With rapid advances in technology, citizens have come to expect a more sophisticated experience when they interact with the government online. As such, traditional ways of delivering public sector services are being challenged. In order to keep up with these growing expectations and enhancements in technology, the Australian public sector needs to look to ways to embrace new technology including enhanced digital platforms.
The days of organisations exclusively delivering end-to-end products or services to consumers are coming to an end. Increasingly, consumers are looking for simple, efficient solutions, placing less importance on the value of one-to-one relationships or transactions. Digital platforms are at the heart of ongoing digital revolution. They provide a channel for businesses to connect, share and aggregate data, perform analytics and deliver new and improved services for customers. Additionally, they help to eliminate traditional data-sharing barriers between organisations by connecting providers and people together, allowing them to collaborate to deliver a more holistic service and for consumers to make more informed decisions, particularly around privacy.“… 76% of Australian respondents believe that companies will move to real-time platforms as they adopt digital technologies.”
Digital platforms that facilitate the exchange, aggregation and analysis of data are becoming the foundation to build the next generation of products and services. In Accenture’s 2015 Technology Vision Survey, 76% of Australian respondents believe that companies will move to real-time platforms as they adopt digital technologies. Similarly, 84% of respondents agreed that industry boundaries will start to blur dramatically as platforms re-shape industries into interconnected ecosystems.
Through embracing digital platforms, the Australian public sector will be able to provide package processes and solutions, reducing operating complexities for people and technology and optimising the way technology and resources are used.
Around the world, health, public safety and human service organisations are deploying digital platforms that span multiple jurisdictions to help co-ordinate public service delivery. The City of New York is an excellent example.
It launched DataBridge, a platform with a data repository that provides a suite of tools for city workers to compile and analyse the data from multiple agencies, co-ordinated by the Mayor’s Office of Data Analytics. Through DataBridge, the City of New York is now equipped to explore analytics in a more robust way. The platform empowers employees to prioritise and better allocate resources to make decisions based on true need (rather than just the sheer number of citizen complaints) as well as save lives by helping to avoid human catastrophe.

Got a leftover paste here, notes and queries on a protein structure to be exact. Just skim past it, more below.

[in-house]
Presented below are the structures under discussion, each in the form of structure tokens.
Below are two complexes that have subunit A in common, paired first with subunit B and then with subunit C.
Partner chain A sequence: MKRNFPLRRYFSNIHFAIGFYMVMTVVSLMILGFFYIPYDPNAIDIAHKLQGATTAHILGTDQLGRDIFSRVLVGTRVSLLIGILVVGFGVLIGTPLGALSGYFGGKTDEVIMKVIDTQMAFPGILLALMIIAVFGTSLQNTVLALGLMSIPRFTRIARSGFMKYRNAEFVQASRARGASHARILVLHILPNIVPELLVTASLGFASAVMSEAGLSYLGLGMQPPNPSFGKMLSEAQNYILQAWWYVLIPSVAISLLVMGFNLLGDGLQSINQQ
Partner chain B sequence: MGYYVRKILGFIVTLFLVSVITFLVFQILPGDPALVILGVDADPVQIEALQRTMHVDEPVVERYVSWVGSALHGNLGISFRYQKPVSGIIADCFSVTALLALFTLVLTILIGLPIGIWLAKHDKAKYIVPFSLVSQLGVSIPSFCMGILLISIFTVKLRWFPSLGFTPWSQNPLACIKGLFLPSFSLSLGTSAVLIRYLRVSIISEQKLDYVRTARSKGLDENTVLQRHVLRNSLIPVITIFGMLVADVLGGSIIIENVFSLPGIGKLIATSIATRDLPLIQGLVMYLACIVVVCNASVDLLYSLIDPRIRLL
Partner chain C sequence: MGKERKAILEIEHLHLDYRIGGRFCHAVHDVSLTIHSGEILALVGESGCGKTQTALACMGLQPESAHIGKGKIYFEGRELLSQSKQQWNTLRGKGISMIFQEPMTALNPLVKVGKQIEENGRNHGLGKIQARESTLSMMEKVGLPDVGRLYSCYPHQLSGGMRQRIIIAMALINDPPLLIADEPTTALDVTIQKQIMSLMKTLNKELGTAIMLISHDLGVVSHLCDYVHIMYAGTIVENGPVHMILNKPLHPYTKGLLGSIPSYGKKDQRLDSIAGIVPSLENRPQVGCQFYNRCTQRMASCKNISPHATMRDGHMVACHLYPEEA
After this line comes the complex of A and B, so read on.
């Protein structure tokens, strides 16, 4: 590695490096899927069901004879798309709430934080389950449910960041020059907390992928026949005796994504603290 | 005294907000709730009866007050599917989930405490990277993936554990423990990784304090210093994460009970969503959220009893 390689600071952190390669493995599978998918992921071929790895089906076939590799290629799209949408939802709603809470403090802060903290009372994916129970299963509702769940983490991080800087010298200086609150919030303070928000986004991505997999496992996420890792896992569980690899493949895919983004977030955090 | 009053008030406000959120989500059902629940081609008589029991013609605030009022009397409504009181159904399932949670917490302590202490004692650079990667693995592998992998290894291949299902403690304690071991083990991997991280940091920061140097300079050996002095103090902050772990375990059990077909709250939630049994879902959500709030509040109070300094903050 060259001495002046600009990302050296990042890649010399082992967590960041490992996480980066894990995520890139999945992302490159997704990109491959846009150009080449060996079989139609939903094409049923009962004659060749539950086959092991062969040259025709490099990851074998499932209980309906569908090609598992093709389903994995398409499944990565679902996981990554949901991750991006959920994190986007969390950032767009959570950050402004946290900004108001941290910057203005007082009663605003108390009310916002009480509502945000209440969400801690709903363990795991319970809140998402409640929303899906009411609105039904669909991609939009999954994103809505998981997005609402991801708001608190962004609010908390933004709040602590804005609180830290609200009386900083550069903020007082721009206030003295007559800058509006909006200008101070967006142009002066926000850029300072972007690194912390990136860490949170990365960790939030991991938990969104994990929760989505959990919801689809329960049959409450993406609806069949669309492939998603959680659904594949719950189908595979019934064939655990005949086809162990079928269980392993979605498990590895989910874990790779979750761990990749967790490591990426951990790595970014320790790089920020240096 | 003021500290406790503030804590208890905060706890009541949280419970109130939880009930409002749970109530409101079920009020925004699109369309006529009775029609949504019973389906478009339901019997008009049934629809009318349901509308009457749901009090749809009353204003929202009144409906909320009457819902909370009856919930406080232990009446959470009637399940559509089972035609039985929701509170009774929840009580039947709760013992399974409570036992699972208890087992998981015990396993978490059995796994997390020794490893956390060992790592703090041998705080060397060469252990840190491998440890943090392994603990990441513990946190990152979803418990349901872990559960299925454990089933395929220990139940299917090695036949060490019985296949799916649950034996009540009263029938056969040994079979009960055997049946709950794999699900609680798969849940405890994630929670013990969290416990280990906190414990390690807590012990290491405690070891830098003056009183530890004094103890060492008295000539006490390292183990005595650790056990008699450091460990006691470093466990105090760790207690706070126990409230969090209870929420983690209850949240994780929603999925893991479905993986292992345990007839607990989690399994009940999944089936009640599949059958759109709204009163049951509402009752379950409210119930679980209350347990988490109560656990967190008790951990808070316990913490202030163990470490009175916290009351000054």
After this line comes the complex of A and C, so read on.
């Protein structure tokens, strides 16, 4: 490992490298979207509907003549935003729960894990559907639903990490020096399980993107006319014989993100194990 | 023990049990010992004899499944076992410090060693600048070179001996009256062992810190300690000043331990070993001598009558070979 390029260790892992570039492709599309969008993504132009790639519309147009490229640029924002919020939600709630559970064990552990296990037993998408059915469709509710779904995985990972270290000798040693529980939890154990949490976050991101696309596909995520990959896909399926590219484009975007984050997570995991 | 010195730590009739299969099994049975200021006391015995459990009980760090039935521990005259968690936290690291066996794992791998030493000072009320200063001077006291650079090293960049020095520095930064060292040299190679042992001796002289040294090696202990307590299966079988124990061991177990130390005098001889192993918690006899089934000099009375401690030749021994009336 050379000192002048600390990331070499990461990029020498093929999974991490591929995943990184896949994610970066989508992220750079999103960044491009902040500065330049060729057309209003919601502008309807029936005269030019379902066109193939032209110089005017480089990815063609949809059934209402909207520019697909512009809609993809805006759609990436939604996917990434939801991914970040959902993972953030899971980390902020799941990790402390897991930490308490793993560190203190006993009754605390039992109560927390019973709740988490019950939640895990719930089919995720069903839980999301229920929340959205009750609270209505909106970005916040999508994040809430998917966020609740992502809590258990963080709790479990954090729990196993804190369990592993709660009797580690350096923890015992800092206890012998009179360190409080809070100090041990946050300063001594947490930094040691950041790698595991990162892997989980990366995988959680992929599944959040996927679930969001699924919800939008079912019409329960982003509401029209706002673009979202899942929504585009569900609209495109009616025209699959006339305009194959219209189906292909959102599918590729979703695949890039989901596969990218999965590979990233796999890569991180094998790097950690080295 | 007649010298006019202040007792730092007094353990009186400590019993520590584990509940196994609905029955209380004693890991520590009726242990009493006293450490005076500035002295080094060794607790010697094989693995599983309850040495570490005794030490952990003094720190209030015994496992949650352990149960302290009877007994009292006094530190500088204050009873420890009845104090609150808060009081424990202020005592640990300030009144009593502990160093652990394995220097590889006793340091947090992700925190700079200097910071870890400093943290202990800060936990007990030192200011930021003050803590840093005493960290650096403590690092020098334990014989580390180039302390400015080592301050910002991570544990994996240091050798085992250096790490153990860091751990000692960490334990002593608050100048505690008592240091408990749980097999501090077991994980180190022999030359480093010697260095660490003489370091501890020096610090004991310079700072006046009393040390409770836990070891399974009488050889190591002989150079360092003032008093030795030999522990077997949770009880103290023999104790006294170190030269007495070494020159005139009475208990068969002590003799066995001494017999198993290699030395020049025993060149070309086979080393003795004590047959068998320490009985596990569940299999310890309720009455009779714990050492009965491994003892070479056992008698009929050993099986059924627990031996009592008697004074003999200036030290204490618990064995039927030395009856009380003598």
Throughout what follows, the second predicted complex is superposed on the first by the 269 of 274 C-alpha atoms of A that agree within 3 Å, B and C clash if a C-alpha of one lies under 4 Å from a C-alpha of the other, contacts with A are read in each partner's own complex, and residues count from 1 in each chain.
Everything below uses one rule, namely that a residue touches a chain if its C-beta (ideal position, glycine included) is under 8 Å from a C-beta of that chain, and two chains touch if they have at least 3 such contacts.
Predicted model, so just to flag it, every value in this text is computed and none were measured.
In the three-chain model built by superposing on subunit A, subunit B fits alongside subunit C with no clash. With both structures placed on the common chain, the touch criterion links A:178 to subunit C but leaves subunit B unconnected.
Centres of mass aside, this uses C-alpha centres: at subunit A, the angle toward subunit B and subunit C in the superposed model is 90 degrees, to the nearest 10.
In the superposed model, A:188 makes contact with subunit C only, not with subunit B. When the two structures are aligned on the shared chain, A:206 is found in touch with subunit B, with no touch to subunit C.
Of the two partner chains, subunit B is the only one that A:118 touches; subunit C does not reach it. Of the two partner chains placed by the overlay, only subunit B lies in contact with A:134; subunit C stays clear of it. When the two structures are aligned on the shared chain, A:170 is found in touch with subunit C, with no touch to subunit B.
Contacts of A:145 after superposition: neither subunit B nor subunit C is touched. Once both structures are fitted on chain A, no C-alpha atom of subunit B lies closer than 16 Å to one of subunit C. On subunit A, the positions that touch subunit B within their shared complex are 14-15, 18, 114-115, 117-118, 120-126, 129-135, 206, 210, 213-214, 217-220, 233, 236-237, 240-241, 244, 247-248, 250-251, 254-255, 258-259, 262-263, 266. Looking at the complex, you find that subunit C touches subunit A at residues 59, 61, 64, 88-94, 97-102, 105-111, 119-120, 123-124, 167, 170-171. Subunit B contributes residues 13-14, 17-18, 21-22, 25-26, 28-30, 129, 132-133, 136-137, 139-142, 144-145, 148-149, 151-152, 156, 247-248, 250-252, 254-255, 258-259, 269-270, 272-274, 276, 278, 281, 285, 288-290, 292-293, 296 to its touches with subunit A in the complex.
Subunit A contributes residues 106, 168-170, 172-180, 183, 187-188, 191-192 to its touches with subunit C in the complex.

Interestingly, since the inception of the platform, the Office of Data Analytics has already produced significant results — including boosting the inspection “hit” rate (from 13% to 75%) of buildings so dangerous they must be vacated; as well as dramatically increasing detection of business licenses obtained through fraudulent means.
Organisations in the private sector have also been taking up digital platforms and are achieving great results. The Commonwealth Bank of Australia has released a payments device called Albert to provide small and medium-sized businesses with a standardised payments platform. Albert, along with CBA’s application development platform, Pi, can provide businesses with access to new business applications and services that will help them grow and compete more effectively in their markets.
Pi’s software development kit and standard application program interfaces provide a functional yet flexible platform that businesses and developers can build upon. Pi and Albert give smaller and medium sized businesses the ability to link with their customers, suppliers, partners and developers in order to create specific business solutions.
The National Farmers’ Federation recently launched an online platform to bring farmers, agribusiness professionals and consumers together via an engaging platform designed to create value through the delivery of information and tools. Expected to go live in May 2016, the platform aims to deliver the most up-to-date food and agribusiness news, weather and market information; promote best management practice; and provide member benefits, blogs, commentary and a podium for the industry’s voice through the promotion of campaigns and live policy development.
The digital government of tomorrow will include online ecosystems in each of the mission areas of government, such as education, health and social security. These ecosystems will not only connect the government agencies but also parties such as NGOs, and the general public. Standardising and simplifying business processes and utilising technology platforms intelligently should be a top priority for the Australian public sector if it wants to continue to keep up with the continuously evolving digital landscape. Ownership of the various platforms will need to be addressed up front and some organisations are incorporating a chief integration officer as a new role to help ease the transformation process.
Despite the perceived challenges that lie ahead, creating and building a strong digital ecosystem will open up a world of possibilities for the Australian public sector to expand or redirect their operations to achieve higher levels of efficiency and performance.